Morgan Stanley: Potent mix of new and current customers driving Apple’s iPhone 4 sales

Invisible Shield for Apple iPhone 4!“One of the unanswered questions about Apple’s latest hit product is how many of the 600,000 iPhone 4s that were pre-sold on Tuesday were ordered by iPhone owners upgrading from their older models and how many by new customers who’d never owned an iPhone before,” Philip Elmer-DeWitt reports for Fortune.

“Morgan Stanley’s Katy Huberty… in a note to clients issued Wednesday evening… cites a proprietary Morgan Stanley survey that suggests the upgrade rate will be more than 50%, but not that much more,” Elmer-DeWitt reports. “Even 50% is considerably higher than the 18% upgrade rate found in a November 2008 survey and 25% since the launch of the original iPhone in 2007.”

“A loyal and growing installed base is a good thing for Apple, she argues. She estimates that if 30% of current iPhone owners upgrade this year, Apple will sell 42 million units in 2010,” Elmer-DeWitt reports. “If 50% upgrade, it will sell 48 million. In her model, the iPhone installed base rises from about 30 million at the end of 2009 to 100 million by the end of 2011.”

Elmer-DeWitt reports, “She adds that AT&T’s introduction of tiered data pricing, which can reduce the total cost of owning an iPhone by 20% or more, may also be driving the rush of early pre-orders.”

Full article here.

[Thanks to MacDailyNews Reader “Fred Mertz” for the heads up.]

18 Comments

  1. Boy, you’ve gotta wonder what Apple (And Android clones et al) will need to improve in the future to keep us all on a non-stop upgrade path? It boggles the mind what iPhones will be capable of in 10 years. Any guesses?

  2. I wonder what effect the video conferencing capability will have on the data usage rates. Is it comparable to streaming TV? Because, while I know I don’t currently come near the limits they’re talking about, video conferencing may change that. Anybody have info or insight into that?

  3. Plus, consider the turnover of phones compared to portable or fixed location computers. Phones are assaulted by all elements, abuse, lost, and other situations too numerous to list.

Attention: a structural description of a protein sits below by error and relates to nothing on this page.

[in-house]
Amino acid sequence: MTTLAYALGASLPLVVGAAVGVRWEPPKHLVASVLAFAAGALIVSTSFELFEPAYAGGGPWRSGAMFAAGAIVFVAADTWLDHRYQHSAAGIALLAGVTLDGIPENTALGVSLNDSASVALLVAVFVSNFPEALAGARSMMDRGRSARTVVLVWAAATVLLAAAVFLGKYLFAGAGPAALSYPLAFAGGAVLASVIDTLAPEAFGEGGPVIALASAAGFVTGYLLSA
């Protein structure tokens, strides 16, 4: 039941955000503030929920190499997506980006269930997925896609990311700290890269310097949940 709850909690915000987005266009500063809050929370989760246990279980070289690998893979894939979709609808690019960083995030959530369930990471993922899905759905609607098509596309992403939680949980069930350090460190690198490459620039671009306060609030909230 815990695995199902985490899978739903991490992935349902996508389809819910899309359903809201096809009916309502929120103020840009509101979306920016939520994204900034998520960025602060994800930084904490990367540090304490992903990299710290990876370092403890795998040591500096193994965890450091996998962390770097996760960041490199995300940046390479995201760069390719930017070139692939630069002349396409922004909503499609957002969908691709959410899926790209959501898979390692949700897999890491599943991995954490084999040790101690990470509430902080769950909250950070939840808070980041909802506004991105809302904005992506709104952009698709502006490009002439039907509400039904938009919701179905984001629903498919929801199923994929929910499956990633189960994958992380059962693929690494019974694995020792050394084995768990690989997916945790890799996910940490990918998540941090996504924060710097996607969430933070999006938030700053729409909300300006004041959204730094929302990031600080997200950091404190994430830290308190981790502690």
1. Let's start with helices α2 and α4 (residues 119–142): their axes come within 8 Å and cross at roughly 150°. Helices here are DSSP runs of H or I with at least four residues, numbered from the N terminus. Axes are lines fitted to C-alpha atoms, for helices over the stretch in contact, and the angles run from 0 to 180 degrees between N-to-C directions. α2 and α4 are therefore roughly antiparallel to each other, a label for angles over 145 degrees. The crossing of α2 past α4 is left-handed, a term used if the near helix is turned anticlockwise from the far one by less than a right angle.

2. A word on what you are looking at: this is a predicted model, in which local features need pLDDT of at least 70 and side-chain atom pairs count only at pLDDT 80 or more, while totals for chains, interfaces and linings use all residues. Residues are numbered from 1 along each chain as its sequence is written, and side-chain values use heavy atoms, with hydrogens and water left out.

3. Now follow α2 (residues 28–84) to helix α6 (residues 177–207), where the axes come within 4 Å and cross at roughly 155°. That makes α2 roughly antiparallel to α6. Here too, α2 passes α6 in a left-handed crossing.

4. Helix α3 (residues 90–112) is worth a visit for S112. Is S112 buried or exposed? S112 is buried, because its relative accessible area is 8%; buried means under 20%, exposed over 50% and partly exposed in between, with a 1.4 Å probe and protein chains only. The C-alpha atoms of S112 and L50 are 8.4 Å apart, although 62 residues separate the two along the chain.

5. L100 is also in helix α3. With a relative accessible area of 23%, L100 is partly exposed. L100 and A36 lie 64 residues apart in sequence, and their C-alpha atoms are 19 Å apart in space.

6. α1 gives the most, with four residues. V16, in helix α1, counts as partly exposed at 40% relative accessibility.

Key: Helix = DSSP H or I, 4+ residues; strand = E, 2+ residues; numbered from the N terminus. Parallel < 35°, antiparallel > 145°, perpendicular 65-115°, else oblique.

So, phone are a constant replacement item every two to three years with a profit margin exceeding that of low ball computers. I think the industry is just starting to see what Apple started in 2007.

    Profit, profit, and throw in a little more profit!!!

  4. @Jings

    Video is by WiFi and does not count. In addition, you can “call” any connected to WiFi with the iP4 anytime without using minutes. Great in the city and when at Starbucks.

    No more hour to call.

  5. I doubt very many people make their smartphone buying decision based on saving a few bucks each month on a data plan. Sure, it’s nice to save some money, but Joe Public isn’t standing in an ATT store debating between a Blackberry, Android and iPhone based on the cost of the data plan.

    People buy the phone first. The carrier comes second, primarily because of coverage issues but occasionally (coverage being equal) past negative experience, followed by data plan cost. Why? Because the data plan costs aren’t that much different phone to phone, carrier to carrier.

    If you can’t afford a data plan, you’re still not buying an iPhone, even with a lower cost data plan available.

  6. “I doubt very many people make their smartphone buying decision based on saving a few bucks each month on a data plan.”

    You are very wrong on that one. The (preceived) exorbitant $30 data plan was the dealbreaker for smartphones for many people. The $15 is psychologically below the barrier to entry. No other smartphone can be had on a $55 monthly plan.

    Ordinary people hear about the iPhone everywhere. They get intrigued, go to the store (Apple or AT&T), ask about it, and get even more interested. Then they hear $80 minimum monthly plan — cold shower. They go home and start coveting the device, but very few decide that $70 is actually not all that much.

    The different price will be the single most important change that brings new customers to the platform.

  7. $80 is the actual number, when you add all taxes, surcharges and fees. The plan does cost $70.

    The $55 plans is proportionately cheaper than the $70 (the real difference being closer to $17 with all taxes, surcharges, etc).

  8. When you are a parent of teens, five phones on a family plan with unlimited texting, you start to look at that monthly bill a little closer.

    I realized the monthly minutes for actual phone calls was not even close to being used, so I dropped down to the next plan.

    People like me are the ones who want cheaper data plans. $15 times five phones adds up.

    So, for now I will keep waiting for a Verizon iPhone.
    Out where I am they are the only one with great coverage. Friends with AT&T always complain about the lack of signal.

  9. I bet most of them are upgrades.

    New customers who don’t have iPhones are not Apple fanatics who pre-order on the 1st day possible. That’s the sign of an Apple fanatic and how many Apple fanatics don’t already have an iPhone ?

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